Understanding Birth Plans After CNA Training: Part One

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Would it surprise you to learn that about 11,000 babies are born every day in the United States? If you work in a maternity ward after CNA training, this statistic probably won’t come as a shock at all. In fact, with the hectic schedule you have every day, you probably expected more.

After CNA training, working in a maternity ward can be a blessing that few CNAs are allowed to have. Here you get to care for expectant mothers and newborn infants, and you get to be a part of one of the biggest and most special days in a parent’s life. Many of the duties you perform will fall into the boundaries of the expectant mother’s birth plan.

While much of the birth plan will be dealt with by the patient’s nurse, doctor, and midwife, you will still need to understand what the plan entails and what type of care your patient expects to receive after CNA training so you can support her while she brings new life into the world.

Understanding Birth Plans After CNA Training

Birth plans are developed to support two specific purposes:

  • Communication to all of the parties involved, including those who have completed CNA training, midwives, family members, and doctors, what the patient expects to happen when she gives birth.
  • Giving the mother peace of mind a feeling of control over her experience.

Today we are going to discuss what you should first understand about birth plans after CNA training. The first step in this process is determining what will be in the birth plan and what areas involve you.

  • Where the delivery will take place; will the birth occur at home, at a birthing center, or in a hospital?
  • Who will deliver the baby and attend the birth, a doctor, midwife, or both?
  • Why type of natural or prescription medications may be given during the birth?
  • What type of pain management techniques will be used?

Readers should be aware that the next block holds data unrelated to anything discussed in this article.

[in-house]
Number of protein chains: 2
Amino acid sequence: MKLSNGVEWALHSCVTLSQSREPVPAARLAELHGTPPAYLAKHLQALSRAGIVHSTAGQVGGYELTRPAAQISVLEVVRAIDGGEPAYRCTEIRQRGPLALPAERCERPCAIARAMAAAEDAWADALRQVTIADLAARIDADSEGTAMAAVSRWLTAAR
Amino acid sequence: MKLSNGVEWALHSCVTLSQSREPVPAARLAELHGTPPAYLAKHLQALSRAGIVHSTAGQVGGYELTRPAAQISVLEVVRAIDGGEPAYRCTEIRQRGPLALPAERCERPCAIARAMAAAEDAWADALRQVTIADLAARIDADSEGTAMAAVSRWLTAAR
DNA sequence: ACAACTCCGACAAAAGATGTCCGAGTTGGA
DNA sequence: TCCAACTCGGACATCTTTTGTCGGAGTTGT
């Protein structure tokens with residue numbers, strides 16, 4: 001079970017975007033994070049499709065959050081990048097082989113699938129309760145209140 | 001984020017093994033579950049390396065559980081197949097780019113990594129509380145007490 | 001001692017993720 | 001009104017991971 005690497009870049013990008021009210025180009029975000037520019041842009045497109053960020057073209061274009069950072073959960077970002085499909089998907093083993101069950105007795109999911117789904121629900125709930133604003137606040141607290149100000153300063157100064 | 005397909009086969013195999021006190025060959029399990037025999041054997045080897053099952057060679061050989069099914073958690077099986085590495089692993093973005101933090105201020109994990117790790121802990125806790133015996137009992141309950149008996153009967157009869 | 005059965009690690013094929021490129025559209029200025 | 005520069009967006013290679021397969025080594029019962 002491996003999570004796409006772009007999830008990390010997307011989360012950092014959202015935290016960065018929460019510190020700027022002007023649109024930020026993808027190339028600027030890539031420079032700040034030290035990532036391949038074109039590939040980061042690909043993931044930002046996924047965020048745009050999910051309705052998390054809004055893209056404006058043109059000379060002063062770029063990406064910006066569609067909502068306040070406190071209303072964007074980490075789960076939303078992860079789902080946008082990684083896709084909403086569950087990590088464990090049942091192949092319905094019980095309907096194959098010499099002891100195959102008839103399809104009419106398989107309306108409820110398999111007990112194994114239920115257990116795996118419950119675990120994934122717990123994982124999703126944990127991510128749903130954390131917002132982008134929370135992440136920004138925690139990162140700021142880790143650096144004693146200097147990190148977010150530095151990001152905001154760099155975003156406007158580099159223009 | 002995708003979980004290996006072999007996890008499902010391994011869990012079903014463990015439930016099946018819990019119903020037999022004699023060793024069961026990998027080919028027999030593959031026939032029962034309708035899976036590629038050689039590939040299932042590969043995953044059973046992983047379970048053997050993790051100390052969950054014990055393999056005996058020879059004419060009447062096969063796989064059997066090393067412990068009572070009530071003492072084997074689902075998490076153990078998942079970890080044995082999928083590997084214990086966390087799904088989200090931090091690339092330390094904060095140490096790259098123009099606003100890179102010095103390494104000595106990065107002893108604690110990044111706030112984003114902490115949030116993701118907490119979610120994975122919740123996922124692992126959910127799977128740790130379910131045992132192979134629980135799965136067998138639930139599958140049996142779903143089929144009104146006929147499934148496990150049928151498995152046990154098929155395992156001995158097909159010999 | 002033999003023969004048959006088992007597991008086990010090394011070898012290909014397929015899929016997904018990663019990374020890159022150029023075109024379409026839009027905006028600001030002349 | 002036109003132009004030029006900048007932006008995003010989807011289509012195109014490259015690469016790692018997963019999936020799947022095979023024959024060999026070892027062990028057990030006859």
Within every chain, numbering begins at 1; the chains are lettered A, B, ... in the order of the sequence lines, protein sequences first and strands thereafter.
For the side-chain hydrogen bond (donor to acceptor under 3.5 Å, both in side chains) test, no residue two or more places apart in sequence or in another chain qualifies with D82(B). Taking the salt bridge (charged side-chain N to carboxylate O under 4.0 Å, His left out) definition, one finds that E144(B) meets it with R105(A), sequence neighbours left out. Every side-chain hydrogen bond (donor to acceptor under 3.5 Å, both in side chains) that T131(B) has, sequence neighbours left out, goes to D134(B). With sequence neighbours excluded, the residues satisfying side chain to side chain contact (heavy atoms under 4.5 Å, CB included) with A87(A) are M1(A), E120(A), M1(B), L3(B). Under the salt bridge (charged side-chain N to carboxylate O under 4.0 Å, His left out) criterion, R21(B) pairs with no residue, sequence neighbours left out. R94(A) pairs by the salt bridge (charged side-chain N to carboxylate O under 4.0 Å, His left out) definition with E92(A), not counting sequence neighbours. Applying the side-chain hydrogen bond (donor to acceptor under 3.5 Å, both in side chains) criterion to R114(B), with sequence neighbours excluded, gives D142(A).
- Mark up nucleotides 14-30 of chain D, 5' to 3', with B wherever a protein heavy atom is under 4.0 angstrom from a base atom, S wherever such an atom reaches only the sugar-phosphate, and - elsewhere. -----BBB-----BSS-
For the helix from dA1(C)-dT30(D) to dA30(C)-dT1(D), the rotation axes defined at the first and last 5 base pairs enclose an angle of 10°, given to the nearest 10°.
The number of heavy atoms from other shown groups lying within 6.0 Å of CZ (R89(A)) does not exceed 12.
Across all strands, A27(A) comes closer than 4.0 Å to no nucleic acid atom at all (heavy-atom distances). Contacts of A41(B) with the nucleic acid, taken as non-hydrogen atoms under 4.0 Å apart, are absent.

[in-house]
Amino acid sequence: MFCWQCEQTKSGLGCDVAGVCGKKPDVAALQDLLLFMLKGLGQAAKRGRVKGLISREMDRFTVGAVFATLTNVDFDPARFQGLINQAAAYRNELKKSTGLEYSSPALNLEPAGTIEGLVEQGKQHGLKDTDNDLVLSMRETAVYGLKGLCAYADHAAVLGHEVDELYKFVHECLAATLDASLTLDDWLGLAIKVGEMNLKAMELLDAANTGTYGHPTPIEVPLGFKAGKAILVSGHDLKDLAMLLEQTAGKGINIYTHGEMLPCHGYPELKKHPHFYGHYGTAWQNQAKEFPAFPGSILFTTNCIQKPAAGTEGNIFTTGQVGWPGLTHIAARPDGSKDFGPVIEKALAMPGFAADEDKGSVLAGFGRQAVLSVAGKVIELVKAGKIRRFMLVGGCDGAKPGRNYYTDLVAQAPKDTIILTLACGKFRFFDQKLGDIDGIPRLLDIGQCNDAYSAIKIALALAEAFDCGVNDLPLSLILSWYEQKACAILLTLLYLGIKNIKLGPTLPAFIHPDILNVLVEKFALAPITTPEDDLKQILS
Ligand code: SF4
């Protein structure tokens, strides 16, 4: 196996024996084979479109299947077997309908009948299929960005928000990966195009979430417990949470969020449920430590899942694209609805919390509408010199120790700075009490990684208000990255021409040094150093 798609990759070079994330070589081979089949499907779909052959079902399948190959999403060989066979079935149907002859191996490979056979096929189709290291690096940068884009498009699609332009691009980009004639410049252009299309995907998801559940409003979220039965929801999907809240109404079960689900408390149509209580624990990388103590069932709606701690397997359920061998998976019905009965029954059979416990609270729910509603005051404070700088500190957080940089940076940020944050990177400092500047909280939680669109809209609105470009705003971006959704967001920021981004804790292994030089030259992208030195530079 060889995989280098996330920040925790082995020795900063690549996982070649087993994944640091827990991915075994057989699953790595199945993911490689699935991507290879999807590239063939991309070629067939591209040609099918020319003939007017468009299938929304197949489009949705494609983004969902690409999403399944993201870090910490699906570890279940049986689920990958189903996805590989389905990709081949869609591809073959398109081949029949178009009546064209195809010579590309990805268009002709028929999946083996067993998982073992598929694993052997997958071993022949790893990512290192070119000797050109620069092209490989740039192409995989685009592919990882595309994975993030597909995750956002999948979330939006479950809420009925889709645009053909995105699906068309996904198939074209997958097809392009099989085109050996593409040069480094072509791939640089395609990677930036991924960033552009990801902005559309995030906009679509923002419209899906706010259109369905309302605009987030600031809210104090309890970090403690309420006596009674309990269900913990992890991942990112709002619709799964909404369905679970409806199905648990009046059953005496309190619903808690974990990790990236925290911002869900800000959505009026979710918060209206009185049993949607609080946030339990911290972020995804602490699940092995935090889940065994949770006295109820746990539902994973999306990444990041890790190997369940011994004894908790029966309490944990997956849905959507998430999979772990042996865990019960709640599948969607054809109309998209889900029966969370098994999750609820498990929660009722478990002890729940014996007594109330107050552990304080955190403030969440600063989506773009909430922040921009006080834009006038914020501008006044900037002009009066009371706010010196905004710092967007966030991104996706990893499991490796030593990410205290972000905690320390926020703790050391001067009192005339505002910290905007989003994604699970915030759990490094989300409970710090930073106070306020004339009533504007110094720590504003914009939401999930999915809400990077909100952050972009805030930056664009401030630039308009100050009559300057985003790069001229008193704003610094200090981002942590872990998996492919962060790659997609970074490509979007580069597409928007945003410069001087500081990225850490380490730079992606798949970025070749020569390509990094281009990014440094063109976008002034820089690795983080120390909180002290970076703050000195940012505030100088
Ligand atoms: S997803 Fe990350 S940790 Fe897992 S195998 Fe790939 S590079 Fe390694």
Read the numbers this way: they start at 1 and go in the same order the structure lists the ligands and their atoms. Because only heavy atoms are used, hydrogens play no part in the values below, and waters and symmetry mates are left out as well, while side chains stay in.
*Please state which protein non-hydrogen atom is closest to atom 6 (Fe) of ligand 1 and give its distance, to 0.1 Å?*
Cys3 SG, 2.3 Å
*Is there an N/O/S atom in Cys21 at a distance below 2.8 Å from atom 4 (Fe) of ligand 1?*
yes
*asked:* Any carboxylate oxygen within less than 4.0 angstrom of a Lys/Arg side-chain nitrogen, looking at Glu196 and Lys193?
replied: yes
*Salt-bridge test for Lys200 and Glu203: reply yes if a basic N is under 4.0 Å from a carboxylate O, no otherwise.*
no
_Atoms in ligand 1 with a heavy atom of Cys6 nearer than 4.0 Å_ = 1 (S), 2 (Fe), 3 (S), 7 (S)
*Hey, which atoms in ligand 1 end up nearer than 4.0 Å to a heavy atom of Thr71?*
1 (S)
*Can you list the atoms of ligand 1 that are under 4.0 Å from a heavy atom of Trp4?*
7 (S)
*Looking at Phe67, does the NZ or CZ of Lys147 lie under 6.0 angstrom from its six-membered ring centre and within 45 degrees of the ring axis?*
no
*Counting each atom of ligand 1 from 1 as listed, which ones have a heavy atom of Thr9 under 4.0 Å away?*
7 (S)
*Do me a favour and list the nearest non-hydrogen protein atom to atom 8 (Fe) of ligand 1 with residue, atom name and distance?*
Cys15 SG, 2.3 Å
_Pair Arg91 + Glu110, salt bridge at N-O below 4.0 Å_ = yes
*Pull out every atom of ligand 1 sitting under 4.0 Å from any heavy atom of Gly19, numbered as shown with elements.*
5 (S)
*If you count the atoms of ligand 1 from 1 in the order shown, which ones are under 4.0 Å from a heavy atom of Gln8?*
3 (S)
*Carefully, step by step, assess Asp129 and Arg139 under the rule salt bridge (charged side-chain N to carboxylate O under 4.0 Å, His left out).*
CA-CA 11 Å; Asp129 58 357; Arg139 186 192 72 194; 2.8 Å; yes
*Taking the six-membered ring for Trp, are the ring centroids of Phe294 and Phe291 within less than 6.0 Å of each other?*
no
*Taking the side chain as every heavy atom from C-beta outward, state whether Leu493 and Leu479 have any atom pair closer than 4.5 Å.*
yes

• If a doctor has no other choice but to perform surgery, does the mother want a episiotomy or a caesarean?
  • Is the mother at high risk or low risk for complications?
  • Who will be the support team? This is most likely where your CNA training will come in handy. The mother or the medical team may request you be present to help with CNA training related duties and give support to the mother and the family. The support team can also include friends, significant others, and family members.
  • What type of environment will the baby be born into? Does the mother want immediate skin-to-skin contact and breastfeeding?
  • After CNA training, you will most likely be needed to help the new mom recover from this beautiful ordeal. The birth plan will discuss what type of support the mother will receive for postpartum recovery.
  • There may be times when a baby is born and is disabled, sick, or even dies. The mother needs to know what rights she has in these instances, and they will be most likely discussed with her and her family by the nurse, midwife, or doctor.

After CNA training, working as a CNA in a maternity ward, or even a birthing center, means you need to understand birth plans. Tomorrow we will continue on with more information about birth plans after CNA training.

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